February 18, 2017 at 12:10 pm
The root cause of ‘Fake News’ or Fake Science is dishonesty. People willfully report what is not true, to mislead their intended audiences. Corrective actions for deliberate dishonesty in academia and journalism should be loss of credentials, fines, and jail time for the persons involved. Without the real prospects of punishment, this protected class of dishonesty has no disincentives… and no reason to change.
A professor in communications and behavioral sciences like Prof. Brossard should know this. If she really wanted to effect honest change, she would focus her attention on behavioral modifications needed to minimize dishonesty in news and science, rather than aiding the dishonest with improved methods to ‘contextualize their works’.
Joel O'Bryan wrote about "Progressives" and shame and virtue signaling. He who should be ashamed writing about shame. Hmmm.
February 18, 2017 at 1:24 pm (excerpt)
The problem is Progressives in academia and journalism have abandoned the notion of shame. My take on their lack of shame is two-fold. First, shame has no place when one feels justification for dishonesty because of the corrupting influence they are doing so for a larger, “noble cause.” The second is “virtue signaling” within their peer-group for acceptance (or more powerfully, not wanting to be ostracized or be labeled with the D-word).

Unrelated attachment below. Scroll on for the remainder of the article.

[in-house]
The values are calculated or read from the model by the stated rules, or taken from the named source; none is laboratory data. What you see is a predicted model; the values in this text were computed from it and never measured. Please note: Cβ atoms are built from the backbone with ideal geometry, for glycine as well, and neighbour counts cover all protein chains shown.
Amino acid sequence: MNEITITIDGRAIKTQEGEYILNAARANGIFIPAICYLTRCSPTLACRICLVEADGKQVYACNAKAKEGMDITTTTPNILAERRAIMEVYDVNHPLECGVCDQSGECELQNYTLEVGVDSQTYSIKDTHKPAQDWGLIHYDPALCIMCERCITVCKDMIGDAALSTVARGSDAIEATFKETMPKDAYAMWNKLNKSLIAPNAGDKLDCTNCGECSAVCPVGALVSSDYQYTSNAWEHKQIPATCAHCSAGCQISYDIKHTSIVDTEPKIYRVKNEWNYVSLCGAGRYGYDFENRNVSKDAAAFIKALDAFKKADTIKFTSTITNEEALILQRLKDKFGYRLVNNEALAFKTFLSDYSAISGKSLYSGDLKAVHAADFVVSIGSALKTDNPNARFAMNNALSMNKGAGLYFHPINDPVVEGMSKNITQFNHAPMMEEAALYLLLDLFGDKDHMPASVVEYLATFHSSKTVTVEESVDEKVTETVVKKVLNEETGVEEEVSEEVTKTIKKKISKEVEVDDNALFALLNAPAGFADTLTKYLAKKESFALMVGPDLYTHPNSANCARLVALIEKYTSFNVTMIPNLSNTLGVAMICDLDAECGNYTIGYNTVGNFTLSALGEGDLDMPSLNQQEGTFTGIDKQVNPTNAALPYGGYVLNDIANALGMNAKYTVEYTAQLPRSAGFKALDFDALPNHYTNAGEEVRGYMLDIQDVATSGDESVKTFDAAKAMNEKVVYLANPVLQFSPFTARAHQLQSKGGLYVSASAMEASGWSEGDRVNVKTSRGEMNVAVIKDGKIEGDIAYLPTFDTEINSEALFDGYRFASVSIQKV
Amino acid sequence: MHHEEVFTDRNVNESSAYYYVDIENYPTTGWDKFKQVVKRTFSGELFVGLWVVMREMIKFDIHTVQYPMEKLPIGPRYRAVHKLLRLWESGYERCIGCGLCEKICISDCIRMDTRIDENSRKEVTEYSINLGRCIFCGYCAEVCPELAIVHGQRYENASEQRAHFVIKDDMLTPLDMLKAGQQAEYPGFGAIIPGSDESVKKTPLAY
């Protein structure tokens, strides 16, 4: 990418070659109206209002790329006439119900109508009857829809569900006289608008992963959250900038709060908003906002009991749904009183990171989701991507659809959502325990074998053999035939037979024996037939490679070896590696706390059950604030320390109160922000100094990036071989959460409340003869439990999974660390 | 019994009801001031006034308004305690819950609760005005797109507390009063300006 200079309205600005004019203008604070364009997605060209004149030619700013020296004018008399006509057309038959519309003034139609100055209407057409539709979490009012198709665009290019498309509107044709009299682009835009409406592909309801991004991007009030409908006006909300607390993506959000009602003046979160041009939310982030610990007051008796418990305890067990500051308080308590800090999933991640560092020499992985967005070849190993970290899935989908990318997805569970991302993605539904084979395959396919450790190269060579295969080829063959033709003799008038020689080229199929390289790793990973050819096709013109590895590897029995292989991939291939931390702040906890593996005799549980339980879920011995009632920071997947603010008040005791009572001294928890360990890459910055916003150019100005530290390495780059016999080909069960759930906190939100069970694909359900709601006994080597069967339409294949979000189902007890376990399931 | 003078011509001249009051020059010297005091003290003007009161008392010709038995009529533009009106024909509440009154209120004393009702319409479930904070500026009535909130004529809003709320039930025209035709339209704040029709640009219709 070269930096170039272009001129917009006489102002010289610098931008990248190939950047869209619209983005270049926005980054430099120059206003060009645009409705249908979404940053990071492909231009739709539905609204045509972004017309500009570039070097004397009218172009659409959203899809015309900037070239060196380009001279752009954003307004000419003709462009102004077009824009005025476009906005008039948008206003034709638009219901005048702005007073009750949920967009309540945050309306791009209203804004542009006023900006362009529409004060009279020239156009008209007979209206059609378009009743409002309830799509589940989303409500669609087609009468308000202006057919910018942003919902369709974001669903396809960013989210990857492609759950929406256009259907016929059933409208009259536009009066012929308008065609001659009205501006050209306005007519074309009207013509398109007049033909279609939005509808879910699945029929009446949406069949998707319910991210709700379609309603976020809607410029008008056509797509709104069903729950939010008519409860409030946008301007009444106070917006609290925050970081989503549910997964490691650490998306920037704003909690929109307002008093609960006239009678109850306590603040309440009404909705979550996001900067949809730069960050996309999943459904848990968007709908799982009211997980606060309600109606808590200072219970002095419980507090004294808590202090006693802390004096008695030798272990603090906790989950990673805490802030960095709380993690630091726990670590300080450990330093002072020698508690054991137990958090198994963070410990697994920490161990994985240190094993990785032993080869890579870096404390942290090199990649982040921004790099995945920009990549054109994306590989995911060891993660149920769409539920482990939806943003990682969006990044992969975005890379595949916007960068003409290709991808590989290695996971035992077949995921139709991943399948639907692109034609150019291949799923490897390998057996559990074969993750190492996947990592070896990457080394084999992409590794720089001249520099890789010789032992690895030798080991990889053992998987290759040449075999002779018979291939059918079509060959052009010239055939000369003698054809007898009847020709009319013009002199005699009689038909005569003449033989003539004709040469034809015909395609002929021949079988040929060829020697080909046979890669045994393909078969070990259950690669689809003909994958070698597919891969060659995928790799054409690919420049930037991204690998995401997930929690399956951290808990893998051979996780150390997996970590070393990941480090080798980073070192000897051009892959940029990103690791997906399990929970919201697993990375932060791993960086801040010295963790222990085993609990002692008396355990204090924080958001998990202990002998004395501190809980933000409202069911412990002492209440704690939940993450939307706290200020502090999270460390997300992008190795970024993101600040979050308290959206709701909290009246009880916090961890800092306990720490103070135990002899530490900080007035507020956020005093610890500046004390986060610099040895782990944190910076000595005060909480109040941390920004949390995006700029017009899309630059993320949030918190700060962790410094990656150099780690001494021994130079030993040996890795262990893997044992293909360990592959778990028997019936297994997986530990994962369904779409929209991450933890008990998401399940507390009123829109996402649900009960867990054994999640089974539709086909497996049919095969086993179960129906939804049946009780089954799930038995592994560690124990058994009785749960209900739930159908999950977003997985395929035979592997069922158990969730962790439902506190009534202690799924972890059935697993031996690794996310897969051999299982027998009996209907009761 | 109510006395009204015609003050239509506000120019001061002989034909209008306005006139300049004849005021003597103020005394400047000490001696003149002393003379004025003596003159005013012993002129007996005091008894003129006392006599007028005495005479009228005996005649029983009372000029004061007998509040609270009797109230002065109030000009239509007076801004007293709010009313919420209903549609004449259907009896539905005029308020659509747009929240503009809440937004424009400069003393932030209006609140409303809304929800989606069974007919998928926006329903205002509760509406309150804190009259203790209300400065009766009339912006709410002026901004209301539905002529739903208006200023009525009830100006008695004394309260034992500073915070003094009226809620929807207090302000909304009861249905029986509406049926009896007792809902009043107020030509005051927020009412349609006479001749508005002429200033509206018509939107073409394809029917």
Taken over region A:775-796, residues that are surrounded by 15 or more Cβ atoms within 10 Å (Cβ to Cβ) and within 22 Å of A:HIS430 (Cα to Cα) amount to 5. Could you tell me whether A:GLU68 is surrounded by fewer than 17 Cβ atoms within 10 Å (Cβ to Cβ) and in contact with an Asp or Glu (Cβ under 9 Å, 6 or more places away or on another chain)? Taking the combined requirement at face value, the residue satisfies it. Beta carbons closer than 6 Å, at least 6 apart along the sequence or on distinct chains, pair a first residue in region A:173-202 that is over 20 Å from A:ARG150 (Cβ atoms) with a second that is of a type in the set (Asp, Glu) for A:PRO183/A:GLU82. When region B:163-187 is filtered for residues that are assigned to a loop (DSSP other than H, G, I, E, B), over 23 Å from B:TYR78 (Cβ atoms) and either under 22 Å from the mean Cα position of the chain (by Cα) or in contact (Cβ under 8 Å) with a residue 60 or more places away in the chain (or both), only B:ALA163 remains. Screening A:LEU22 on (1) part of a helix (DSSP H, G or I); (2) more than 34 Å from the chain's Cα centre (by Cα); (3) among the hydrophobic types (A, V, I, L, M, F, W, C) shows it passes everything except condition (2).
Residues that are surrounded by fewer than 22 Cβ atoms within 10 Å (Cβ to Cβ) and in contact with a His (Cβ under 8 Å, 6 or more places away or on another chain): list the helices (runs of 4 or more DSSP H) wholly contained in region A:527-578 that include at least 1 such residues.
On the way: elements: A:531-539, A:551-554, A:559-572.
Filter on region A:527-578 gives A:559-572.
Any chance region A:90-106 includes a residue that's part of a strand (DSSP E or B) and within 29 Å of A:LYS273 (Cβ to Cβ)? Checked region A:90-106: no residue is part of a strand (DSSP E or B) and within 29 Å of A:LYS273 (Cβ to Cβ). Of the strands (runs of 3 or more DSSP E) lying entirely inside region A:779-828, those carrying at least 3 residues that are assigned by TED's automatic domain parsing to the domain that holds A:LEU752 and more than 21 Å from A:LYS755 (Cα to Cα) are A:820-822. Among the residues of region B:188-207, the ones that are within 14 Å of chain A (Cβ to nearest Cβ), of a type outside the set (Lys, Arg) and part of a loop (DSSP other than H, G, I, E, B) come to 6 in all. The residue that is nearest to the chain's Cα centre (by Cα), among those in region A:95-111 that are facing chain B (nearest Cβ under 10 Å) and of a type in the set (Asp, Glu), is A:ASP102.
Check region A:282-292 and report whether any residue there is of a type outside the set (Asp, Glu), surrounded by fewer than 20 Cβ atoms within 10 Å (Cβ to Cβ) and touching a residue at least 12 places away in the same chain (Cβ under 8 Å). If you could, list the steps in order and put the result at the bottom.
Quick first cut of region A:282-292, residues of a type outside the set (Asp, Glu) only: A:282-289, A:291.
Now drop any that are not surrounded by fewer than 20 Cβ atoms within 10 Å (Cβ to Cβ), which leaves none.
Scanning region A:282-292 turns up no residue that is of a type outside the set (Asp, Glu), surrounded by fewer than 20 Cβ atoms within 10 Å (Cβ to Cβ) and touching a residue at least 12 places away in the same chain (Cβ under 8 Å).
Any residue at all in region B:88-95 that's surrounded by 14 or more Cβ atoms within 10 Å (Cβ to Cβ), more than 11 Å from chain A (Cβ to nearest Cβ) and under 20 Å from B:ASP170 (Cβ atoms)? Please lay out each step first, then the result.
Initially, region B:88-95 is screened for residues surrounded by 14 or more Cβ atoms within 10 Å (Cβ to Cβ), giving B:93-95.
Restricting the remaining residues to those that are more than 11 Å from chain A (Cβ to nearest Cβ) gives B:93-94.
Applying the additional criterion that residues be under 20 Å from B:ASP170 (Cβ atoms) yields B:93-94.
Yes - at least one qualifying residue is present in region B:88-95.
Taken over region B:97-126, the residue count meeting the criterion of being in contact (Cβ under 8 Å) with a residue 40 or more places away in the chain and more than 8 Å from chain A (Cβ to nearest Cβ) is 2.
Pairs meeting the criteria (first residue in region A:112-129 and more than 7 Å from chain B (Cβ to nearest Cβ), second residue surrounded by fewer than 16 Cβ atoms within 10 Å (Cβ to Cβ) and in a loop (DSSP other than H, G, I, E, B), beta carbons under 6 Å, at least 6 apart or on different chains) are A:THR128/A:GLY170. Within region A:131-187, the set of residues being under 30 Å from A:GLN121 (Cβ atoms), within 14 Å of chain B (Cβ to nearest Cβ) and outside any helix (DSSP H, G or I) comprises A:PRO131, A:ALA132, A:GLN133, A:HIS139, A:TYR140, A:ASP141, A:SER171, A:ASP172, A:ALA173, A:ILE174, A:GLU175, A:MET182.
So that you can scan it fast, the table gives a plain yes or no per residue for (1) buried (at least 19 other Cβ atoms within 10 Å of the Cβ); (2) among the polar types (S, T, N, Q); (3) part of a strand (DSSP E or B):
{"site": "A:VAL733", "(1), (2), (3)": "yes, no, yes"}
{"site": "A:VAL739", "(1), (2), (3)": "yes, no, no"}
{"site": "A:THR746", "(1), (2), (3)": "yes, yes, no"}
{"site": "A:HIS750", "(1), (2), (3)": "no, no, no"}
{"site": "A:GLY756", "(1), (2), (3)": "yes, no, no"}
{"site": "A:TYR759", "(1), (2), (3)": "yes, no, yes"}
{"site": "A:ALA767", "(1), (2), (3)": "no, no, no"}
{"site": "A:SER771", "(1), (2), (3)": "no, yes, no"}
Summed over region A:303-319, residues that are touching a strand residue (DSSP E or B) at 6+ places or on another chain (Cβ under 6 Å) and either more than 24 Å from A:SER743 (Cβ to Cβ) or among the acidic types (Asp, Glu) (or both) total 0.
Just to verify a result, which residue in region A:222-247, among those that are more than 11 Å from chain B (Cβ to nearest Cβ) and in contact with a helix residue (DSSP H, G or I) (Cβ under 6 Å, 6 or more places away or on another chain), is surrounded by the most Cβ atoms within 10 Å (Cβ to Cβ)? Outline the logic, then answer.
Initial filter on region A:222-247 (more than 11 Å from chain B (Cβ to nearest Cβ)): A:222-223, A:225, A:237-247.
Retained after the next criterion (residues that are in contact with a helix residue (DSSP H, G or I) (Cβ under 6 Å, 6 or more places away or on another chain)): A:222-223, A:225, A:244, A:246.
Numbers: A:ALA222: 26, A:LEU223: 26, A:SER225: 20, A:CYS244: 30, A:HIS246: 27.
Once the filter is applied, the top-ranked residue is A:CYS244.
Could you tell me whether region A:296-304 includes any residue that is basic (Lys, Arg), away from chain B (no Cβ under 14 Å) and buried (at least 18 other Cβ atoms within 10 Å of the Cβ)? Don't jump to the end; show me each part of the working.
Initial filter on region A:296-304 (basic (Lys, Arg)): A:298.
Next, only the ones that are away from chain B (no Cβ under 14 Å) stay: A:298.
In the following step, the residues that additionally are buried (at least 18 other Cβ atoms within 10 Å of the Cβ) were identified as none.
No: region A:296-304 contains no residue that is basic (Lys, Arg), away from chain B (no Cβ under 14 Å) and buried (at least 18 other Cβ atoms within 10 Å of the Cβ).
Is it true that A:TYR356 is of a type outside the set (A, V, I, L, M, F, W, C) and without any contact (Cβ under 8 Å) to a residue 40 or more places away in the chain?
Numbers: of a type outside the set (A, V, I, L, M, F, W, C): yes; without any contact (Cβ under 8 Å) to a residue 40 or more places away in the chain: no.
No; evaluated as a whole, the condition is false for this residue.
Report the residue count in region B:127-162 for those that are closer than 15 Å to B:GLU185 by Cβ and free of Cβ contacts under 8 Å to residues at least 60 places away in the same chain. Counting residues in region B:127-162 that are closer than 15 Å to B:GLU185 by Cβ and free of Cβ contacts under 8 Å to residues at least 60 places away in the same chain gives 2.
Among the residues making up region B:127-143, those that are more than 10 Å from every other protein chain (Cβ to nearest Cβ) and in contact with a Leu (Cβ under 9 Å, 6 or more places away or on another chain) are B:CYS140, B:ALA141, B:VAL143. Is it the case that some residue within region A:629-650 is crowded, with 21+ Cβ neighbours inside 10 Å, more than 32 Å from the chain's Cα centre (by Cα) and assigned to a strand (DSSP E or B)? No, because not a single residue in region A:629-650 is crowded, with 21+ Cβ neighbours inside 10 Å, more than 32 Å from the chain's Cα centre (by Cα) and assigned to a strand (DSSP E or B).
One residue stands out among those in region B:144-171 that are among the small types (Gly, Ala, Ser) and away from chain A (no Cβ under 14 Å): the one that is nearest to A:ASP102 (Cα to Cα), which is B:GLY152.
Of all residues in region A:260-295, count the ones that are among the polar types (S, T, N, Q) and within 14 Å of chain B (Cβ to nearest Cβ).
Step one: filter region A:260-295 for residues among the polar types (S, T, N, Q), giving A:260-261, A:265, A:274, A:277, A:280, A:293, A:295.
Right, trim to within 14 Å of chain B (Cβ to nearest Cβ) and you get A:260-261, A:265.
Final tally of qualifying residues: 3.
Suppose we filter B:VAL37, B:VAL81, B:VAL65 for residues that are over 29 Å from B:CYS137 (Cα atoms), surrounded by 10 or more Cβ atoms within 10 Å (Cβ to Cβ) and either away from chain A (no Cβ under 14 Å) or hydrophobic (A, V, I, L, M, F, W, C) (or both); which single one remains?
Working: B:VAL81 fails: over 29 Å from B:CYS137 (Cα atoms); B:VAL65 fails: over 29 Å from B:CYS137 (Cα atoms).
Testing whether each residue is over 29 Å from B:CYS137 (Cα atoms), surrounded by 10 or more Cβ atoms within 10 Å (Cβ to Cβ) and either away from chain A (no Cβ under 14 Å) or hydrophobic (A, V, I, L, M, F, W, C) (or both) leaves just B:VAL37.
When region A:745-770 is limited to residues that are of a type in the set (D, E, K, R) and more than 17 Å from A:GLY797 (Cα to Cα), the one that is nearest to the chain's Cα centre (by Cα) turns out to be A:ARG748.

Ross King is getting on in years (like some of us), judging by his use of capital letters. He's another hard-core science denier who is a fan of fake science.
February 18, 2017 at 12:52 pm
This airy-fairy theorizing by Brossard is gobble-de-gook, unless we’re getting scientific news that’s straight, un-biased, un-adulterated, un-mannipulated, open to challenge, un-homogenized for tendentious intent, and issued in the spirit of open Scientific Method.
Brossard completely misses the ‘Elephant in the Room’ which is the Black Cloud hanging over the shattered credibility of Climate Scientists and their Masters.
February 18, 2017 at 2:32 pm
The biggest enabler is the lack of science education among the general population. There is a good case to be made that all first year tertiary studies should include wide-ranging, generalist subjects including science to produce a more well-rounded graduate. Let alone more at secondary level. Science and mathematics seem to be getting more and more marginalised.
Plenty of smart people I know are really science dummies, in no position to think critically about what they are hearing or reading. Two-fold problem: they are willing to entertain quackery and at the same time lose faith in and become more cynical of scientists and their evidence. When the water is muddied with half-truths and fake news that is not going to help.
Kent Clizbe likes Retraction Watch, except for the fact that the "guy who runs the site" isn't persuaded by fake science about climate. Why he doesn't take that as a sign that climate science is real is a ponderable question. Is it hope that keeps him hanging on to denial?
February 18, 2017 at 3:40 pm
In the last couple of years, there has been a realization, in the scientific community that they have problems with fake data, copied data, withheld data, fraud, plagiarism, gaming the system, and worse. A funded group arose to be a watch dog on fake science, and to advocate for monitoring the fakes, and sharing the stories, retractions, convictions, fakes, and more.